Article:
Newsflash: sales enablement has evolved.
In the past, it was rolled up into HR or tied into learning. But lately, the new sales enablement role has become a merging of the sales operations team and development. This means that sales enablement is involved in the selection, training, and education of people. They are responsible for the technology (the tool stack) and the process (the methodologies and principles) that sales professionals use daily.
But the most innovative companies recognize that the sales enablement role can’t just start with sales development professionals. They can’t just go from the top of the funnel sales professionals and inside sales and go all the way to close. Why? Because 57% of the buyer’s journey is happening before the sales development representative gets involved.
Great sales enablement members are also working hand-in-hand with, or are part of the marketing operations team. These team members function as “revenue operations” and “revenue enablement.”
Here’s how sales enablement works with marketing to ensure everyone is moving in the same direction.
1. They recognize that it’s a buyer’s journey, not a sales funnel
Sales enablement and marketing look at their team as “Team Revenue.” As a result, the buyer goes through one funnel which creates the necessity to become customer focused. Anyone who is customer facing—this means every sales professional and every marketer—has unified the buyer’s journey.
Sales pros are marrying their existing sales process with the buying journey. They’re thinking like a buyer, not as a sales process. They are carving up buyer’s journey into three specific segments, and creating solutions for how they can help a buyer within these segments.
The three segments are:
2. They create insights that spark sales conversations
The operations team is responsible for developing an insights committee, where sales professionals provide the marketing team with new content ideas through their market insight. The marketing team then creates content from these ideas, on a predetermined editorial calendar based on the needs of the customer.
To have the most business impact with marketing content, Forrester Research states that top CMOs center sales support strategies on:
3. They organize and ensure content is KISS-ed
This means Keep it Simple, Stupid. Enablement is responsible for organizing the content, and making sure it’s easy for sales reps to find. When content isn’t easily accessible for sales reps, this is where marketing dollars are wasted. Around 60-70% of content in B2B organizations goes unused. The number one reason is irrelevancy however reason two and three are that people don’t know it exists or can’t even find it.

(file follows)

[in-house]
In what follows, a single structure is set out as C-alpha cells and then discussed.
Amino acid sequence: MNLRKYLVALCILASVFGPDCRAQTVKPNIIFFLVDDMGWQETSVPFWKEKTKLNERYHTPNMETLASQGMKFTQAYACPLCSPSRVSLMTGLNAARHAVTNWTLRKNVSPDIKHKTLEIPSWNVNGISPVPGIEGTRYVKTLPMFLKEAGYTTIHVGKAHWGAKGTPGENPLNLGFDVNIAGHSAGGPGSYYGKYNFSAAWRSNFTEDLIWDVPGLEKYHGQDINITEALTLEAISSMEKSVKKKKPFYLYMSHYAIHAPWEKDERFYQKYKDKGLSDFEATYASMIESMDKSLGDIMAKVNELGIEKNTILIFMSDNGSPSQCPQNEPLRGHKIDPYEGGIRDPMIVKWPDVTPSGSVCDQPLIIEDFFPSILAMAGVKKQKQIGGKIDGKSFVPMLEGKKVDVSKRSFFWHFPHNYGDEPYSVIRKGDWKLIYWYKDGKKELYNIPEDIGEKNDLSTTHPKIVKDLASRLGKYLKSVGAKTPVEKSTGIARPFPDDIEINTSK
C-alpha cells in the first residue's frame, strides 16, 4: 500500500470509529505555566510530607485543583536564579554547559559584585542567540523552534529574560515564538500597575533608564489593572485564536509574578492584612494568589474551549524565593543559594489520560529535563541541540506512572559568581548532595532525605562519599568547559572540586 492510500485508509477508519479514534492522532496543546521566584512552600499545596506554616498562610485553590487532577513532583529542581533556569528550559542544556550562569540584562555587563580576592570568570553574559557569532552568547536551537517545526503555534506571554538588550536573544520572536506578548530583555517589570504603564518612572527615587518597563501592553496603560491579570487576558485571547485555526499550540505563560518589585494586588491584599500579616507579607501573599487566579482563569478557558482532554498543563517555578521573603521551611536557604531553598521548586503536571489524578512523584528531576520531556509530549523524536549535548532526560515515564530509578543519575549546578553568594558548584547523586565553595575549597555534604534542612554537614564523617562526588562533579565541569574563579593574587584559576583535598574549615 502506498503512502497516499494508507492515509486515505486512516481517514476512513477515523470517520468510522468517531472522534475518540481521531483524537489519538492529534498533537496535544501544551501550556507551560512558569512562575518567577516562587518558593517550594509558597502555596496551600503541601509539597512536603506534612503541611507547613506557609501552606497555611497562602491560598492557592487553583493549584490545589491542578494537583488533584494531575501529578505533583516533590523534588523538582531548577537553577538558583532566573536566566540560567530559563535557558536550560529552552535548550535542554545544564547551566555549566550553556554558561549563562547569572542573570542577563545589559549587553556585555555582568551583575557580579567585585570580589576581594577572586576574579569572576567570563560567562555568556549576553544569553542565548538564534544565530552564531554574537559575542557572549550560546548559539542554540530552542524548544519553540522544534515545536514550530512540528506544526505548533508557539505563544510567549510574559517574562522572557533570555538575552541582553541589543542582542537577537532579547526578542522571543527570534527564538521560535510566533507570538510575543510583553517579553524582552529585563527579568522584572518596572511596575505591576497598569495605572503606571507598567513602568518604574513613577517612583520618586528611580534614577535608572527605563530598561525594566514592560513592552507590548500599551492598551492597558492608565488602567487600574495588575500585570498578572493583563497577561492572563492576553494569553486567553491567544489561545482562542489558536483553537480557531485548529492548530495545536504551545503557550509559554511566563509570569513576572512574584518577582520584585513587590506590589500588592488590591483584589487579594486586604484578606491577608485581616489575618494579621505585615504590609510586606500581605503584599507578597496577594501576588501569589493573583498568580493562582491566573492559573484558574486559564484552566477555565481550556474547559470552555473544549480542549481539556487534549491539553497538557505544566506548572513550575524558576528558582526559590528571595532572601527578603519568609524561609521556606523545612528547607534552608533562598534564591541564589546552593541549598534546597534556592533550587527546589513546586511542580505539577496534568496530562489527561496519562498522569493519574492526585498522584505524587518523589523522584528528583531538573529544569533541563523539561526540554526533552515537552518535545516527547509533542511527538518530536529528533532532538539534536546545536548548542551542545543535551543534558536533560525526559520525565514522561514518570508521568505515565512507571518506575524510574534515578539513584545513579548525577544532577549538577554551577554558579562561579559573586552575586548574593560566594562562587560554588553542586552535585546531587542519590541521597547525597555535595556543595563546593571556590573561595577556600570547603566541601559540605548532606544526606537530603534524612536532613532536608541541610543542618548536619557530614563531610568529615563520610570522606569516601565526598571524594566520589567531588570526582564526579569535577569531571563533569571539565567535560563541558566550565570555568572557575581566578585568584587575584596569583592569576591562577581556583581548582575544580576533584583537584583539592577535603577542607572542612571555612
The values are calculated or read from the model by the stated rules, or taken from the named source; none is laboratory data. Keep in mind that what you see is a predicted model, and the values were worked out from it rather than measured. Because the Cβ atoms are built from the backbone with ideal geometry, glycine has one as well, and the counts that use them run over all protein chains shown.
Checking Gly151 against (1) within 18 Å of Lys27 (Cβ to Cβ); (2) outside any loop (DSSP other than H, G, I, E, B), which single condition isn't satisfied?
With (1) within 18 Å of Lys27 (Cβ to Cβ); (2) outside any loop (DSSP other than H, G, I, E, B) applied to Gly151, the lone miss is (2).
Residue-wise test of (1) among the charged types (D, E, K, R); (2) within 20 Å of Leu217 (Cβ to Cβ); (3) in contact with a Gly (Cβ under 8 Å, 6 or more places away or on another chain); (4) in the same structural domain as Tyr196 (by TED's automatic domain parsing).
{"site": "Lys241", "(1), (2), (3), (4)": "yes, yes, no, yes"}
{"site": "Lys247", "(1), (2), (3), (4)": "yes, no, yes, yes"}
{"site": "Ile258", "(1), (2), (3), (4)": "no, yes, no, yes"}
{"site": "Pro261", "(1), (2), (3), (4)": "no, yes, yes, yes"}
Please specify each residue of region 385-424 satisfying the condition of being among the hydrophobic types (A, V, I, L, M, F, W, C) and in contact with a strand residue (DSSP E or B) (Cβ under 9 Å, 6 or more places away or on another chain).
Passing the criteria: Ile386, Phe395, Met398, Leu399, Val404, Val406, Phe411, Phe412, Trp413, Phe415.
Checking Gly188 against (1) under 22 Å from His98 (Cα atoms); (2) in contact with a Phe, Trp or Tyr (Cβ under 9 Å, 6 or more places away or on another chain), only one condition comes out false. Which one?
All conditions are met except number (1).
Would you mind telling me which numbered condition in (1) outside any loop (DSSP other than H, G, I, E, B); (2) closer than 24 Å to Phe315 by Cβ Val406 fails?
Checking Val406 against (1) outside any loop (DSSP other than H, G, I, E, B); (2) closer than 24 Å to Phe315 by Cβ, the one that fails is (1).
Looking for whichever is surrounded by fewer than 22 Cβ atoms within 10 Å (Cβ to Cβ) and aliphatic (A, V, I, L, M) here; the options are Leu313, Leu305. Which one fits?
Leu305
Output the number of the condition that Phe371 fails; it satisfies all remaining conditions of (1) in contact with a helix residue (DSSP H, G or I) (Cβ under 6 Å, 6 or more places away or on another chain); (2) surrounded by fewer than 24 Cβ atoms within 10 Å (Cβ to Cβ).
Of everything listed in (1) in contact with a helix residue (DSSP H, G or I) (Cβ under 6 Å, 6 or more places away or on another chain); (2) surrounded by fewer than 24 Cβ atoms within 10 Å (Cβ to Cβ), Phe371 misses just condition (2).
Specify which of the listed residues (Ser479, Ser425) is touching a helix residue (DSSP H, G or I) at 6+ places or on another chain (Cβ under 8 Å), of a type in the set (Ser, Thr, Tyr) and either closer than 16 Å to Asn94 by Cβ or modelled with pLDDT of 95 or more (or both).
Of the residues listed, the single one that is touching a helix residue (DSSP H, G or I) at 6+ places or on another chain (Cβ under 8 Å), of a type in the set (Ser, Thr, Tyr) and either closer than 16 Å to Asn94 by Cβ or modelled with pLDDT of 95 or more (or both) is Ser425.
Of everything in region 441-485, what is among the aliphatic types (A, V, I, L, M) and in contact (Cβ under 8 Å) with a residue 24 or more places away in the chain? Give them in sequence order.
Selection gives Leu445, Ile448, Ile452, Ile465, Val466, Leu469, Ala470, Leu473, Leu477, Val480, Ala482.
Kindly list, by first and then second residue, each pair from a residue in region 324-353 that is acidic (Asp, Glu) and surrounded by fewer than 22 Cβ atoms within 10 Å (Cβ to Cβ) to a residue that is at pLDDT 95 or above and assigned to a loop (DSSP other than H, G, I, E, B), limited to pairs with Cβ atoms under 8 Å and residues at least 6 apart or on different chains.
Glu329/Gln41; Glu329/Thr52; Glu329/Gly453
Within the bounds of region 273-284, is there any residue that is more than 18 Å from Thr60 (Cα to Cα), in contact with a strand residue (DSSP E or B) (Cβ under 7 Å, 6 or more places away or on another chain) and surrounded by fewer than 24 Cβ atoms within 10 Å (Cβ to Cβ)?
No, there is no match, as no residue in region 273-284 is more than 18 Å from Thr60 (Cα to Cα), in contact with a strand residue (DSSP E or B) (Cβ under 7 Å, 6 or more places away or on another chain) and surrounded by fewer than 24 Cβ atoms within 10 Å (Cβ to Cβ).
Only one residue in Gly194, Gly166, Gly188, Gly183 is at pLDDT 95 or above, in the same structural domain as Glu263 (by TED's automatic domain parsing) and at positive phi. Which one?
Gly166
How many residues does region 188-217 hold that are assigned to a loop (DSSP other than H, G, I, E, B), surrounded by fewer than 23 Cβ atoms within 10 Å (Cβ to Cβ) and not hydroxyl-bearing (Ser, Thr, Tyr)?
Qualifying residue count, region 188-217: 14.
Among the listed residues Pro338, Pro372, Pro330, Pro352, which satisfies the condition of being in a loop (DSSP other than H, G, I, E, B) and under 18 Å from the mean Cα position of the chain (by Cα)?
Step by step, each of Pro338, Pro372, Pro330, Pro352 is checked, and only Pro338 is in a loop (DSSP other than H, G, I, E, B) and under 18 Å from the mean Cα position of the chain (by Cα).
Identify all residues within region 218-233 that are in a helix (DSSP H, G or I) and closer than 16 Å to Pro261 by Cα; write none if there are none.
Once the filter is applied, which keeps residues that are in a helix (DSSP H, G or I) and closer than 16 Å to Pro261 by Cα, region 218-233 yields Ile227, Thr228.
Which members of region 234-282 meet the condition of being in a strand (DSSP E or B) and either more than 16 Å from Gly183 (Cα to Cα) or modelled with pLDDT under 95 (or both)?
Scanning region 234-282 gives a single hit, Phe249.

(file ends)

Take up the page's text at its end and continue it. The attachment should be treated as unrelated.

Sales pros need to know where to find and use the content, how to use the content, and the best practices of distribution into the market. This is where tools such as a content library come into play. To drive sales productivity and generate pipeline, there must be a process implemented to manage content in a consistent and ongoing fashion.
4. Transforming sales into a resource
They are responsible for the people, process, and technology required for distributing on both a one-to-one and one-to-many ratio. They work to manage employee advocacy tools like EveryoneSocial, Dynamic Signal, PostBeyond, and others to get speed-to-engagement in the market. This is an opportunity to turn sales into thought leaders and a resource through social sharing.
“When sales tweets or posts interesting information, rather than thinly disguised pitches, prospects begin to see them as resources. Marketing can help salespeople build their social brand by supplying helpful, interesting, thought-provoking content and boost their top-of-funnel pipeline by giving them a platform that makes sharing these insights timely and easy.”
– Russ Fradin, CEO of Dynamic Signal
5. They evaluate engagement of new leads and lead influence and attribution
Enablement ties together the metrics of top of the funnel marketing data with later in the funnel sales data so they can get one picture of the buyer’s digital history, or content consumption story. Great enablement teams are the bridge between sales and marketing. They’re the glue that takes marketing and sales’ data and merges them together and makes sure every customer-facing team member knows how they buyer functions and thinks.